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With all of the bands that had their "underground" start in the 1980s and soon rose to fame in the '90s, the story of Texas-based band Pantera (who am I kidding, you all probably know who Pantera is) is the strangest beginning story of all time. Pantera was not always the flame throwing metal rompers that they are known for. In fact this album, "Projects From The Jungle", sounds very Def Leppard-influenced. The production is a HUGE step up from their less-than-mediocre debut, and this album at times does suffer from the fabled "sophomore jinx" that many bands happen to suffer. There are a few bumps in the road. For starters, it could begin with the second track, "Out For Blood". The song seems like a speed metal song (the positive) with cheesy, half-assed lyrics (the negative). There is the album closer, "Takin' My Life", which features a cheesy outdated-sounding synthesizer that overpowers the guitars at times.
But with the negatives there are good things about the album. For one, the production is really good on this album. "Metal Magic", Pantera's debut, sounded as thin as a dime (no pun intended). The drums were pushed back in the mix along with the guitars and the bass and vocals (awful, awful vocals) were at the forefront of the mix. On PFTJ, the mix is equaled out and Darrell's talent really shines through. Just listen to the amazing solo on album opener "All Over Tonight" (the song itself sounds like a really good, High And Dry-era Def Leppard clone) and it will surely give you a picture of the future in, say, about 6 years. The solo instrumental "Blue Light Turning Red" is a showcase of a 19 or so year old Darrell and while short, it is surely enough to blow minds and raise a couple of eyebrows. "Like Fire" has a very Def Leppard-ish riff and is pretty good considering that this is only the band's second album.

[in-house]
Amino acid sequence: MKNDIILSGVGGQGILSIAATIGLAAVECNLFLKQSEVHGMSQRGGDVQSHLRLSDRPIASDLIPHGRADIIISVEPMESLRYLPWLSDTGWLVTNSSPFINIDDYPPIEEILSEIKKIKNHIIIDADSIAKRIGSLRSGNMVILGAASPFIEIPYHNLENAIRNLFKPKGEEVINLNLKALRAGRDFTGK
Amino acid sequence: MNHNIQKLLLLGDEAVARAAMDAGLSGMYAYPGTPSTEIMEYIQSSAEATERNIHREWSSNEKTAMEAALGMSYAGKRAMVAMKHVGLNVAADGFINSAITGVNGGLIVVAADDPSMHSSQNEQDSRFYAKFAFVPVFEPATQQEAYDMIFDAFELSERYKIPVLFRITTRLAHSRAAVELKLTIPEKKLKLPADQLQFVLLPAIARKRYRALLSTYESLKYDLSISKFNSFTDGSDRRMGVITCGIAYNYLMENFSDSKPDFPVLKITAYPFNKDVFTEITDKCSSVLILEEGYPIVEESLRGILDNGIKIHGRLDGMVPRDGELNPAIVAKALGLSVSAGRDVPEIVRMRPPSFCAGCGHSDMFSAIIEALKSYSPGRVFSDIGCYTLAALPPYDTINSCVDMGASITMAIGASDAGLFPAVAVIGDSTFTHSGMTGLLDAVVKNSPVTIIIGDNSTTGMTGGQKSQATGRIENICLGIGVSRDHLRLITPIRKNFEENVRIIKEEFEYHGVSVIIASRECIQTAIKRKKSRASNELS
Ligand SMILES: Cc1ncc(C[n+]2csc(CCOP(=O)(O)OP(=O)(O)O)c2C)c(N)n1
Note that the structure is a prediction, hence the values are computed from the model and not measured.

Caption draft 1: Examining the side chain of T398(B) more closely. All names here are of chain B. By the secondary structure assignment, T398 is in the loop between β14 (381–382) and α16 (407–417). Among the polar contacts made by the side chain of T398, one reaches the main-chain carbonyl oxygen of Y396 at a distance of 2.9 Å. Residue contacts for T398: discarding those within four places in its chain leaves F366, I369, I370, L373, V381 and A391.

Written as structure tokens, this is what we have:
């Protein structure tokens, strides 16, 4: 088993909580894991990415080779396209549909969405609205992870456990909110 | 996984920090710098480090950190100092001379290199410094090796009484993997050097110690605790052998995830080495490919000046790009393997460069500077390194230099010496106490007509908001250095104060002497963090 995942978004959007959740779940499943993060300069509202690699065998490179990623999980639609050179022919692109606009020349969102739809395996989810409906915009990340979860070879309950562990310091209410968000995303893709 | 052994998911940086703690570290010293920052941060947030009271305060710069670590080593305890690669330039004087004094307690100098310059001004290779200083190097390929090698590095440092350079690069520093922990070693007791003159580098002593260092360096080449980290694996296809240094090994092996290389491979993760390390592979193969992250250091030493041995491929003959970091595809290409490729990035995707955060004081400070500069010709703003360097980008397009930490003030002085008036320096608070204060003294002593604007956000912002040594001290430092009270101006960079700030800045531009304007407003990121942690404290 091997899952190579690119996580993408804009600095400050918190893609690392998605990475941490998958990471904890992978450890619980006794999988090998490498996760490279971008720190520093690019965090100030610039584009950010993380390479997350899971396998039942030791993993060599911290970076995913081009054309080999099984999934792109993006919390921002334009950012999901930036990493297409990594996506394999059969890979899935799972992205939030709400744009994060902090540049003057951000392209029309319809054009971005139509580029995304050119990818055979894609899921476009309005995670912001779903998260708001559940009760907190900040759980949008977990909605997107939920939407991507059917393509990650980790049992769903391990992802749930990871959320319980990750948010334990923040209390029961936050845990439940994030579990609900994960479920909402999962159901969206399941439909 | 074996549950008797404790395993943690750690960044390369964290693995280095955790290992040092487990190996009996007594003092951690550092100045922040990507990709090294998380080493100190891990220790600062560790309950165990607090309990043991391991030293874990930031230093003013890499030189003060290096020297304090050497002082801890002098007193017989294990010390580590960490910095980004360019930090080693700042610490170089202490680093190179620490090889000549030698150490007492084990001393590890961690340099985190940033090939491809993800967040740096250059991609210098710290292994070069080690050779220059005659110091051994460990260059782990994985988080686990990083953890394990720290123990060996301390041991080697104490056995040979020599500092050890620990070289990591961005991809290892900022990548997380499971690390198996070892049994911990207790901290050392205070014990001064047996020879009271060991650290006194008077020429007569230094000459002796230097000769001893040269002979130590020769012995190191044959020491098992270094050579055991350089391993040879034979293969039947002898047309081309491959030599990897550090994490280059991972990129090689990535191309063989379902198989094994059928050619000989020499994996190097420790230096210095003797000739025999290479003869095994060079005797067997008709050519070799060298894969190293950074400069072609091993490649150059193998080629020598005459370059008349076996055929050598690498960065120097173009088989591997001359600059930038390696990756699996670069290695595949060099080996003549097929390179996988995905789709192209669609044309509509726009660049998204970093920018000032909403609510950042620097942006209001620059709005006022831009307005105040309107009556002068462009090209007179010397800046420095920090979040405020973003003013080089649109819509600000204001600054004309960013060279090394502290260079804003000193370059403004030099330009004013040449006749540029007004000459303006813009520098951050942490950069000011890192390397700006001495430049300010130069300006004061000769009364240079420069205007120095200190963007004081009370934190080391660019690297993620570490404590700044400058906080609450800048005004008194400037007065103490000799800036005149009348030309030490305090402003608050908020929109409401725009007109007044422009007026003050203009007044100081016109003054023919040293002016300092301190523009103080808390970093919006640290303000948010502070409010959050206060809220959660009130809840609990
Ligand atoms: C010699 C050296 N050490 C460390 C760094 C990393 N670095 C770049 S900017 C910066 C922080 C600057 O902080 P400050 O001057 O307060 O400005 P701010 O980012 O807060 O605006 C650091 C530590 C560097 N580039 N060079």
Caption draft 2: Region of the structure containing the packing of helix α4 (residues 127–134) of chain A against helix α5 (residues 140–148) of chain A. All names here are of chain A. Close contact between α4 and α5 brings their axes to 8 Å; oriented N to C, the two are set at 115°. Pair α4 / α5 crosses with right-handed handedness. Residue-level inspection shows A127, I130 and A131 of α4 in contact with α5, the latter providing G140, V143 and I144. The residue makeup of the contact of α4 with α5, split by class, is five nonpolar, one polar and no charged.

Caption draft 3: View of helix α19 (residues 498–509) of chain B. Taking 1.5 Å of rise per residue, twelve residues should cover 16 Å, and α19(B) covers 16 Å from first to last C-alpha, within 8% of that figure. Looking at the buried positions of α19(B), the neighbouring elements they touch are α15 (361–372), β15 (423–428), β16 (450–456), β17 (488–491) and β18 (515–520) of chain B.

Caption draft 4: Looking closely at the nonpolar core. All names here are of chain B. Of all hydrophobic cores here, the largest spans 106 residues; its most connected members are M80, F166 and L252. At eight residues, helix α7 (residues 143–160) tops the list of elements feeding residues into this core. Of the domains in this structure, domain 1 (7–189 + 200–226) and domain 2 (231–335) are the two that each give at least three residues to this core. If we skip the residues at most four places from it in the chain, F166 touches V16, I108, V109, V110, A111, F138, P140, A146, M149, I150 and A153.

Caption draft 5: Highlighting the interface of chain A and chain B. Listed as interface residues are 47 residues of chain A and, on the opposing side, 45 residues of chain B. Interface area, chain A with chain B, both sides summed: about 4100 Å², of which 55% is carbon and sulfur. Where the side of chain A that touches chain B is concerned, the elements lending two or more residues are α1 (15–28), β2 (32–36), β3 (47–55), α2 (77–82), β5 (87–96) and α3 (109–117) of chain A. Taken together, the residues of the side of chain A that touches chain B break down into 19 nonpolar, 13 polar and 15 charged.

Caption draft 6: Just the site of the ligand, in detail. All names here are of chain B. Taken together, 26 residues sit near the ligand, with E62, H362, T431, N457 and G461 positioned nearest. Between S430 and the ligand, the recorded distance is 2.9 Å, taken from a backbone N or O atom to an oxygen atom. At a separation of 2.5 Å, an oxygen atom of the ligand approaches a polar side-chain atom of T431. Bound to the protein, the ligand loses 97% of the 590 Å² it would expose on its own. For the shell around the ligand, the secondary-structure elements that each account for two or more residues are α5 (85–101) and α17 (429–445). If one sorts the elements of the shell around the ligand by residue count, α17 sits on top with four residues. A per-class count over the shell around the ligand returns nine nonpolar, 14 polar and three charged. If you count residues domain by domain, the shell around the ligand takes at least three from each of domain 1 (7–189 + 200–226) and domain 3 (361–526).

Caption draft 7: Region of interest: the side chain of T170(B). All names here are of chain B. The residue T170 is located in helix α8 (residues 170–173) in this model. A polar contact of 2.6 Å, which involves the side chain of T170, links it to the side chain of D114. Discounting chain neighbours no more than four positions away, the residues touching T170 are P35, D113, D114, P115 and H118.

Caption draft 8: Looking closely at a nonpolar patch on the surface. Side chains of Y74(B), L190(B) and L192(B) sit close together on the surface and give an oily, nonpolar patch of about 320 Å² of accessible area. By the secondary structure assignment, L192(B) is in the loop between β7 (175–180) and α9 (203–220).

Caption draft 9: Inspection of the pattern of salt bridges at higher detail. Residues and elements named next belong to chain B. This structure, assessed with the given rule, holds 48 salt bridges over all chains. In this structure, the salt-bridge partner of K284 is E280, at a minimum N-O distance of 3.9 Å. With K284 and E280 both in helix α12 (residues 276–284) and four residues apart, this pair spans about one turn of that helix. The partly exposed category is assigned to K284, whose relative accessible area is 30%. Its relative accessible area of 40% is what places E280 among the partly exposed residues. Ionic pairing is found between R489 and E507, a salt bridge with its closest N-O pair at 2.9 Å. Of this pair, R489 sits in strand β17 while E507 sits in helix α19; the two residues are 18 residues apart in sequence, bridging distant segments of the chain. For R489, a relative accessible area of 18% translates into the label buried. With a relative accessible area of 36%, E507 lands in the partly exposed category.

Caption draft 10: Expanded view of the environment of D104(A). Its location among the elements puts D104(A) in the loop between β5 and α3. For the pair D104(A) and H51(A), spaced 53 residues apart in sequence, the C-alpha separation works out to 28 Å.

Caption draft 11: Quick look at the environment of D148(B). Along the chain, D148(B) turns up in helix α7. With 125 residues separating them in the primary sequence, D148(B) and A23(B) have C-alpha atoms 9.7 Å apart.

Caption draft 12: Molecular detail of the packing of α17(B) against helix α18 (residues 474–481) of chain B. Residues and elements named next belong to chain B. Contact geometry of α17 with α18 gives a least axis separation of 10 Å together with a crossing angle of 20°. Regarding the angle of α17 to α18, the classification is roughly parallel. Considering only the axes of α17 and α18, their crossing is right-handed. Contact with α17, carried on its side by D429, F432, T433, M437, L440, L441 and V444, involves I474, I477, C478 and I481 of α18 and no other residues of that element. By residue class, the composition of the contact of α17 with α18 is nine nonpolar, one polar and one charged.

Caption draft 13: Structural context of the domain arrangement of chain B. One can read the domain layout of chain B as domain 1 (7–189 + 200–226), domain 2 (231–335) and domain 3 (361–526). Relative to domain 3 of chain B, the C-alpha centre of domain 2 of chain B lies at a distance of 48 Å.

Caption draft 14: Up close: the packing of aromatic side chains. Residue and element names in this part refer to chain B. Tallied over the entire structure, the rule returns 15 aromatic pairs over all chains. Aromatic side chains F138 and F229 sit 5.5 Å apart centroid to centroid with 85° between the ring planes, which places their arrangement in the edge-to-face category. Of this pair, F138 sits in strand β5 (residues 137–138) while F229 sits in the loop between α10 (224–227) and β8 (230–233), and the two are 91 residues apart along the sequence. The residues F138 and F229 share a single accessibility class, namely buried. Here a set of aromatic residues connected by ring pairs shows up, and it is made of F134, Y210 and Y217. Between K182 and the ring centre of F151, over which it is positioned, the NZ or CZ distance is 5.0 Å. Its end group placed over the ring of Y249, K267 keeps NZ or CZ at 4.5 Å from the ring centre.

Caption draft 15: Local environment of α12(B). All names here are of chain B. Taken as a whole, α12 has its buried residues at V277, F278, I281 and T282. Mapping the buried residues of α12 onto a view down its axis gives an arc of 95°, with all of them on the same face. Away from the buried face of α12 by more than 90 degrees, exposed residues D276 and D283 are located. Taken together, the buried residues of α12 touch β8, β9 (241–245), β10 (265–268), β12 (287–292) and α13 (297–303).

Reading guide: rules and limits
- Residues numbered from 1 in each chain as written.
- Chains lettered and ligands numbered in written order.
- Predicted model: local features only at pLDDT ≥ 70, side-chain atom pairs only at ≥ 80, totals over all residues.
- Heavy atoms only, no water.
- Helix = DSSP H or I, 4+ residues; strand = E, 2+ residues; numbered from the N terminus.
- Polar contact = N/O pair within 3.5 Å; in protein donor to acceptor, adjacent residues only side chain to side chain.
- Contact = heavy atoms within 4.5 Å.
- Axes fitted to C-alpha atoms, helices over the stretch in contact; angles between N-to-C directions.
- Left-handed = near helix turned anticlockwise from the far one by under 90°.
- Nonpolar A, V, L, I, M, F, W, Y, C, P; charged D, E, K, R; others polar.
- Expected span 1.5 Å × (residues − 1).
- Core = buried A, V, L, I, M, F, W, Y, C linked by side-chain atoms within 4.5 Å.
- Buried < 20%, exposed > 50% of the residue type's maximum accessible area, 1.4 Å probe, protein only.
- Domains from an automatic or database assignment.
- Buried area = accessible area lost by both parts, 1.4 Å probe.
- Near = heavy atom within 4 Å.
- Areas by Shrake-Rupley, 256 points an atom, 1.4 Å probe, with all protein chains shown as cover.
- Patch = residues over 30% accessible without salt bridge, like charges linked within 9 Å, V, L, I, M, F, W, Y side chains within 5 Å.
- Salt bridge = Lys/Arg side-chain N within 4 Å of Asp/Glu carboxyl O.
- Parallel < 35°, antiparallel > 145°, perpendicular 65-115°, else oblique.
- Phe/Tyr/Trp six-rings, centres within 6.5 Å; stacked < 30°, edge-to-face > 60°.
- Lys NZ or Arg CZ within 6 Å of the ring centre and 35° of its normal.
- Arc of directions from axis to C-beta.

With that last piece of the final sentence of that paragraph, it must be taken into mind that this was only the band's second record, and it's not all there yet. The band got a much deserved lead vocalist change a couple years later and I say, if this was recorded with Mr. Anselmo, it would be a whole different monster to tackle. Another mention on this topic is the cover art (more like cave scrawling). The artwork on the first three Pantera albums were awful. They looked as if they were drawn by a 3 year old kid who entered an art contest at his/her pre-school back in '84. Yeah, it's that bad. But do not let the horrendous cover art fool you as there are some diamonds in the rough on this album, such as "All Over Tonight", "Like Fire", and "Killers". Not recommended for the Pantera die-hard.